Jasus
edwardsii Jasus
Jasus
lalandii Metanephrops
Metanephrops
challengeri Thenus
Thenus
orientalis Nephrops
Nephrops
norvegicus Palinurus elephas Panulirus argus Panulirus cygnus Panulirus echinatus Panulirus guttatus Panulirus homarus Panulirus longipes Panulirus ornatus Panulirus pascuensis Panulirus penicillatus Panulirus versicolor Parribacus japonicus Sagmariasus Scyllarides herklotsii Scyllarides latus Scyllarus arctus Thymops
Thymops
birsteini Tristan rock lobster

Crabs

Callinectes sapidus Callinectes similis Cancer irroratus Cancer bellianus Cancer pagurus Chaceon fenneri Chaceon quinquedens Chinese mitten crab Chionoecetes Declawing of crabs Dungeness crab Florida stone crab Gecarcinus ruricola Horsehair crab Hypothalassia acerba Jonah crab Maja squinado Menippe adina Orithyia sinica Ovalipes australiensis Pie crust crab Portunus pelagicus Portunus trituberculatus Ranina ranina Scylla paramamosain Scylla serrata

Crayfish

Acocil Astacus astacus Marron Paranephrops Procambarus clarkii Orconectes virilis Signal crayfish

Others

Austromegabalanus psittacus Coconut crab Galathea strigosa Glyptolithodes Goose barnacle King crab Krill Langostino Lysiosquillina maculata Mantis shrimp Oratosquilla oratoria Paralithodes camtschaticus Red king crab Squat lobster Squilla mantis Tasmanian giant crab Thalassina

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Seafood

Fish

Anchovy Barramundi Billfish Carp Catfish Cod Eel Flatfish Flounder Herring Mackerel Salmon Sardine Shark Sturgeon Swordfish Tilapia Trout Tuna Whitebait

Shellfish

Abalone Cockles Crab
Crab
meat Crayfish Geoduck Krill Lobster Mussels Oysters Scallops Shrimp Sea urchins Crustaceans Molluscs

Other seafood

Edible seaweed Jellyfish Marine mammals Octopus Sea cucumber Squid Whale meat Sea vegetables Algae List of seafoods more...

Processed seafood

Caviar Dried fish Canned fish Cod liver oil Cured fish Fermented fish Fish fillet Fish head Fish oil Fish sauce Fish paste Fish steak Fish stock Lutefisk Salted fish Salted seafood Salted squid Shark
Shark
liver oil Shrimp
Shrimp
paste Smoked fish Stockfish Surimi Roe more...

Seafood
Seafood
dishes

List of seafood dishes List of crab dishes List of fish dishes Bisque Chowder Fish and chips Fish pie Fish soup Fried fish Raw fish Seafood
Seafood
boil Shark
Shark
fin soup Sushi more...

Health hazards

Ciguatera Fish diseases and parasites Mercury in fish Metagonimiasis Scombroid food poisoning Shellfish
Shellfish
poisoning

Advisory services

Seafood
Seafood
mislabelling Sustainable seafood Sustainable seafood
Sustainable seafood
advisory lists and certification

Animal
Animal
welfare

Declawing of crabs Eyestalk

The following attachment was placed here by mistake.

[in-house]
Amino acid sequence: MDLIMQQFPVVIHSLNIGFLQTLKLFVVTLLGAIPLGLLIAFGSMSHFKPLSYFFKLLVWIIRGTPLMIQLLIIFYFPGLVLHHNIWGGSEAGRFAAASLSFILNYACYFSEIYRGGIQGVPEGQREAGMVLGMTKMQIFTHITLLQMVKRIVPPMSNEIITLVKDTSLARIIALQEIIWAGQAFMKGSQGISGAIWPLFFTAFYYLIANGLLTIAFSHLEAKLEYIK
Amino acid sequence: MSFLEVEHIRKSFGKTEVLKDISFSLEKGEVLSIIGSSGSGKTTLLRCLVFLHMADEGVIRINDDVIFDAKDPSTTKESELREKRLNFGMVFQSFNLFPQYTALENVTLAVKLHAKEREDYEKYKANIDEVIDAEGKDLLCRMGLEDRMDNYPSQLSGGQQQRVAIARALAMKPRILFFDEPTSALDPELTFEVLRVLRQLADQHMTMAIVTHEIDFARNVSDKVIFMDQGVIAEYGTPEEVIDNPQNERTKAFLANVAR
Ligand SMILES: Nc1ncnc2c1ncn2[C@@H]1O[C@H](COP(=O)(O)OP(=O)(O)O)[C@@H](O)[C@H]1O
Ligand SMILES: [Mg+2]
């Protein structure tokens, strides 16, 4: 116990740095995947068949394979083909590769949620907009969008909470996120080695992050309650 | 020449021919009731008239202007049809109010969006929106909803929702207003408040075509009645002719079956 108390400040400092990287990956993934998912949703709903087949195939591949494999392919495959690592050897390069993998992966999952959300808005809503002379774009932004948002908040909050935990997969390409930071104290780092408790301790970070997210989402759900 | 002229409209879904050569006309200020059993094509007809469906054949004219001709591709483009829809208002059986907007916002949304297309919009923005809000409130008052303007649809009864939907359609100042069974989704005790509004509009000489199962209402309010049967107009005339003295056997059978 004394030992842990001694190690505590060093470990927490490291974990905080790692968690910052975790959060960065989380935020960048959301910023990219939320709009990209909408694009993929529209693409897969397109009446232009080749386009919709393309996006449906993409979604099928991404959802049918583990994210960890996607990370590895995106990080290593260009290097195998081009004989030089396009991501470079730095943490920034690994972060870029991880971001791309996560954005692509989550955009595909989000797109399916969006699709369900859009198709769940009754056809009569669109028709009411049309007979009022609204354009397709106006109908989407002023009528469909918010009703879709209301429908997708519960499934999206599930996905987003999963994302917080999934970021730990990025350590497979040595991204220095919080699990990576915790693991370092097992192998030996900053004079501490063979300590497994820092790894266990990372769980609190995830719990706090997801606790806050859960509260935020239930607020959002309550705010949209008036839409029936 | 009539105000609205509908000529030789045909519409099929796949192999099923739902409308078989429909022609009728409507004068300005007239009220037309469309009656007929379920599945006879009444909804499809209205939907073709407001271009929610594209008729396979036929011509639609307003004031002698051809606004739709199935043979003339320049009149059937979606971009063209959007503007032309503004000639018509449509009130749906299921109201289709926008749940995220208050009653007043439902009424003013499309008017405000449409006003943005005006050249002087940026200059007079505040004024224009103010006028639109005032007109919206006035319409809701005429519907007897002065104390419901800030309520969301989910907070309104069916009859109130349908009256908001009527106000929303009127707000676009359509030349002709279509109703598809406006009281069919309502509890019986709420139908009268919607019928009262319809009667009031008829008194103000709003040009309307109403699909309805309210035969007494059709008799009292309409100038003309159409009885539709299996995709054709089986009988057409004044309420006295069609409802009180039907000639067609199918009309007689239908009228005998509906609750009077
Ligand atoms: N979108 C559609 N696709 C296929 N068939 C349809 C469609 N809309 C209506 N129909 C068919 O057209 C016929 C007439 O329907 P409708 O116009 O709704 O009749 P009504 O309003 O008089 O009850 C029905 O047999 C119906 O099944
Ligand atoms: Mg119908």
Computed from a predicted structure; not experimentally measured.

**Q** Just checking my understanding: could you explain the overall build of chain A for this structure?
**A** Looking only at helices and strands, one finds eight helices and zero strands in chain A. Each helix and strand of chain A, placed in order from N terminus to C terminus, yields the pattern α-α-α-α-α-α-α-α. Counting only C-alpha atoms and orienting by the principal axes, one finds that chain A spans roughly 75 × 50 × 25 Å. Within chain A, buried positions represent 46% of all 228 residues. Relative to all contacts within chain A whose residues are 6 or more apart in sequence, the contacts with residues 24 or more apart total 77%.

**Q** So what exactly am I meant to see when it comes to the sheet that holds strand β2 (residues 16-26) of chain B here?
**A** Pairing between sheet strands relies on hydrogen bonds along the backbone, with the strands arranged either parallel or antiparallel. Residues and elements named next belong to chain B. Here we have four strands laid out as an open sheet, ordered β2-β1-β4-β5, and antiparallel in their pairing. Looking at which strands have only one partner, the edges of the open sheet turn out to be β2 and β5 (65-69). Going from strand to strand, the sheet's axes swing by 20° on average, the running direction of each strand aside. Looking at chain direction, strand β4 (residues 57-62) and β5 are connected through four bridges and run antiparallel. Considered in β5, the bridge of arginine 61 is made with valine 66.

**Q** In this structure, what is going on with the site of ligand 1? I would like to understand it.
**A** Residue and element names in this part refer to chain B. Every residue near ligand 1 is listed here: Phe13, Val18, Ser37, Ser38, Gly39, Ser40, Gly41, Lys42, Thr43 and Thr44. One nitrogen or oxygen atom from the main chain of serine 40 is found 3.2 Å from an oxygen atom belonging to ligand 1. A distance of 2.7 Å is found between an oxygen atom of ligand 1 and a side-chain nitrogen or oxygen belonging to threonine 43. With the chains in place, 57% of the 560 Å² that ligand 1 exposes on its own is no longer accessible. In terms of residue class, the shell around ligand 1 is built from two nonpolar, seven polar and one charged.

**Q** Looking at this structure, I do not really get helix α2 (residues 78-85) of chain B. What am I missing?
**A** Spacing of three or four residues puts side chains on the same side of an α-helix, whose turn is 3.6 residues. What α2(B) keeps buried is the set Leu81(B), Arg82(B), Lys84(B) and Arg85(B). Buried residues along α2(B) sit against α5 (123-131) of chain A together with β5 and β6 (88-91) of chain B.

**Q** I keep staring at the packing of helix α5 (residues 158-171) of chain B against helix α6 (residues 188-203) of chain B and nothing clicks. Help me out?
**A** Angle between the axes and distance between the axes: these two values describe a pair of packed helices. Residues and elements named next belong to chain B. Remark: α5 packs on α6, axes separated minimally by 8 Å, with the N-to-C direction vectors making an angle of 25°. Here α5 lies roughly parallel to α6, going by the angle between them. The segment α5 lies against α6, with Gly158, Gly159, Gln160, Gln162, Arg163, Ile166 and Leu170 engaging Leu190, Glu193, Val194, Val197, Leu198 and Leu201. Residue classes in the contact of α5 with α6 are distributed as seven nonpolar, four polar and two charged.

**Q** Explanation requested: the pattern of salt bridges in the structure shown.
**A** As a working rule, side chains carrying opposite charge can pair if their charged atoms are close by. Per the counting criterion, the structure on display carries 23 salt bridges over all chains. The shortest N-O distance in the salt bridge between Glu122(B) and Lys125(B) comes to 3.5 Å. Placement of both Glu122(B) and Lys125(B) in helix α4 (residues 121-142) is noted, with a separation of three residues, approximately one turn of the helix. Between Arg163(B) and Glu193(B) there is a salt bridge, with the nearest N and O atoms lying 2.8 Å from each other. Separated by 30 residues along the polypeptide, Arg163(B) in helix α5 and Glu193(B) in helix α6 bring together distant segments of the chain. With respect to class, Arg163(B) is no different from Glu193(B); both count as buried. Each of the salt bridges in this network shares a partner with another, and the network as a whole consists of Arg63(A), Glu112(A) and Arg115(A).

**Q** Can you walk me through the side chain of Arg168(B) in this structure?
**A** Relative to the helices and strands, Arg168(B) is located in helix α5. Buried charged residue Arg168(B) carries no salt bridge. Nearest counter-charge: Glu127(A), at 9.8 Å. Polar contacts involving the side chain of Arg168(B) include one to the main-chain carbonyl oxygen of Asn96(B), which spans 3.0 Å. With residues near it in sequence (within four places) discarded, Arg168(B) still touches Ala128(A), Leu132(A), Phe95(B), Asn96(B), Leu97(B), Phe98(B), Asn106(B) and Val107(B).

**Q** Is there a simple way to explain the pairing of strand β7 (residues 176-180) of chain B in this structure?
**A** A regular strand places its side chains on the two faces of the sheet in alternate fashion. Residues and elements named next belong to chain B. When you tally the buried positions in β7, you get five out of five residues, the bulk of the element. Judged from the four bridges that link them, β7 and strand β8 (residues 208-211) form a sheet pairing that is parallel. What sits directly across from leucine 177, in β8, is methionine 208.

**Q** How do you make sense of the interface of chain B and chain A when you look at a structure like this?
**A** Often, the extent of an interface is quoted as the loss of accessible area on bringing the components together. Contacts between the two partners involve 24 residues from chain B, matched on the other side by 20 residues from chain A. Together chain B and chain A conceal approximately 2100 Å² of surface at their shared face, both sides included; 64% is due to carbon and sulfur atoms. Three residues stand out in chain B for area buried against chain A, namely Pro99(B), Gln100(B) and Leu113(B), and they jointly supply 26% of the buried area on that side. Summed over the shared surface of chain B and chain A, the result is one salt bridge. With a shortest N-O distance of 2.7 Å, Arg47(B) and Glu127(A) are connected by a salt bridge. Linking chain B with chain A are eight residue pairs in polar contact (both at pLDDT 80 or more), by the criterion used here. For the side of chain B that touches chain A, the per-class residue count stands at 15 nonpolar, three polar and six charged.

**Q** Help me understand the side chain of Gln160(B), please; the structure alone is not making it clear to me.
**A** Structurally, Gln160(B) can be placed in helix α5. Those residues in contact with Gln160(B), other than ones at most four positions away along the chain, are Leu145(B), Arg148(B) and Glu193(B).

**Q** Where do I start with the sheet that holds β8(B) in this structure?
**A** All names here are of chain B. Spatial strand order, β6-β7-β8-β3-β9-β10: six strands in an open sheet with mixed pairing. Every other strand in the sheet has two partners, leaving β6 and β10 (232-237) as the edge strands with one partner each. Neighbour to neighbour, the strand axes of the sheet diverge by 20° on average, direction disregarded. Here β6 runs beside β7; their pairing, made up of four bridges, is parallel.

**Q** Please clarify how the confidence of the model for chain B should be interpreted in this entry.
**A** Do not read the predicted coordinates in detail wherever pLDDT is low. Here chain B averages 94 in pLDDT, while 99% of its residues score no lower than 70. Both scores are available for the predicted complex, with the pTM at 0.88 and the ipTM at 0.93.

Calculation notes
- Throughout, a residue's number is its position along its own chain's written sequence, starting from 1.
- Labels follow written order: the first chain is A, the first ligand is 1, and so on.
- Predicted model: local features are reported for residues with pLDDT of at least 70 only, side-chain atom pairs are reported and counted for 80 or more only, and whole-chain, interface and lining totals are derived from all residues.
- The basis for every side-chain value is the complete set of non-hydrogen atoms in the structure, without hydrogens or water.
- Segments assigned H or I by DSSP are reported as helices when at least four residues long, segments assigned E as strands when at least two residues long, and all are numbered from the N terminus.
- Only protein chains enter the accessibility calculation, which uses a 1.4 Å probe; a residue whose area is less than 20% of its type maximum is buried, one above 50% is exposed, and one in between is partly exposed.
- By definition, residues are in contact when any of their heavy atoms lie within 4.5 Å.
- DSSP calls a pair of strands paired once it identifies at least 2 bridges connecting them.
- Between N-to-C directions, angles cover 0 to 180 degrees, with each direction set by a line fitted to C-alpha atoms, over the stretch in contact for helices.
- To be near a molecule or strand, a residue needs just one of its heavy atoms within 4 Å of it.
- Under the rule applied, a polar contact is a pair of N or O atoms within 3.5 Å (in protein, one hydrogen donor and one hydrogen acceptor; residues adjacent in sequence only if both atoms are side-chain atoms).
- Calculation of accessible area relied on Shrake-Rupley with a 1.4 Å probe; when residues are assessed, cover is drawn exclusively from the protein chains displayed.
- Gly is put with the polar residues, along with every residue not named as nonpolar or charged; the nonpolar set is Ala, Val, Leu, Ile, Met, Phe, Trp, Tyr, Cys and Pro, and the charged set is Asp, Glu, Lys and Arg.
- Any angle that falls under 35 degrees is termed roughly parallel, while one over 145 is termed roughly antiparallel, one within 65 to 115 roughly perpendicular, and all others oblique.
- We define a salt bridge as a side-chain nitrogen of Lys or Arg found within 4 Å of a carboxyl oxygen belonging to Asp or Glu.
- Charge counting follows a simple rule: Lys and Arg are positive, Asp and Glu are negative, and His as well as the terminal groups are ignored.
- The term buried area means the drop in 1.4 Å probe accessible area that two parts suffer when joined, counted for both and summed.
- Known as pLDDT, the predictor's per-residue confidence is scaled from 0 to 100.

Eyestalk
ablation Eating live seafood Live fish trade Pain in fish Pain in crustaceans Shark
Shark
finning

Related topics

Fish preservation Fish processing Gathering seafood by hand History of seafood History of sushi List of seafood companies Raw bar Salmon
Salmon
cannery Seafood
Seafood
restaurant Umami

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Meat

Main articles Entomophagy Fish Game Livestock Meat Poultry Seafood

Poultry
Poultry
and game

Alligator Bear Chicken Crocodile Duck Goose Grouse Kangaroo Monkey Ostrich Partridge Pheasant Bat Pigeon Quail Rabbit Seal Snake Turkey Turtle Venison

Livestock
Livestock
and minilivestock

Beef Bison Black soldier fly maggots Buffalo Camel Cat Crickets Dog Elephant Frog Goat Grasshoppers Guinea pig Horse Lamb and mutton Llama Mealworm Silkworm Mopane worm Palm grub Pork Veal Yak

Fish and seafood

Abalone Anchovy Basa Bass Calamari Carp Catfish Cod Crab Crappie Crayfish Dolphin Eel Flounder Grouper Haddock Halibut Herring Kingfish Lobster Mackerel Mahi Mahi Marlin Milkfish Mussel Octopus Orange roughy Oyster Pacific saury Perch Pike Pollock Salmon Sardine Scallop Shark Shrimp/prawn Sole Swai Swordfish Tilapia Trout Tuna Sea urchin Walleye Whale

Cuts and preparation

Aged Bacon Barbecued Braised Burger Charcuterie Chop Corned Cured Cutlet Dried Dum Fillet / Supreme Fried Ground Ham Kebab Liver Luncheon meat Marinated Meatball Meatloaf Offal Pickled Poached Roasted Salt-cured Salumi Sausage Smoked Steak Stewed Tandoor Tartare

List articles

Beef
Beef
dishes Chicken dishes Countries by meat consumption Fish dishes Food and drink prohibitions Goat dishes Lamb dishes Meatball
Meatball
dishes Pork
Pork
dishes

Ham
Ham
dishes

Sausage
Sausage
dishes Sausages Seafood
Seafood
dishes Smoked foods Steaks Veal
Veal
dishes

Related subjects

Animal
Animal
rights Bushmeat Butcher Cannibalism Carnism Christian vegetarianism Cultured meat Ethics of eating meat Factory farming Feed conversion ratio Environmental impact of meat production List of meat dishes Meat
Meat
cutter Meat
Meat
tenderness Pescetarianism Pink slime Plant-based diet Preservation Psychology of eating meat

Meat
Meat
paradox

Red meat Semi-vegetarianism Slaughter

Slaughterhouse

Veganism Vegetarianism White meat

Taxon identifiers

Wd: Q1038113 ADW: Nephropidae BugGuide: 541699 EoL: 7161 EPPO: 1NEPHF Fossilworks: 82350 GBIF: 4523 ITIS: 97307 NCBI: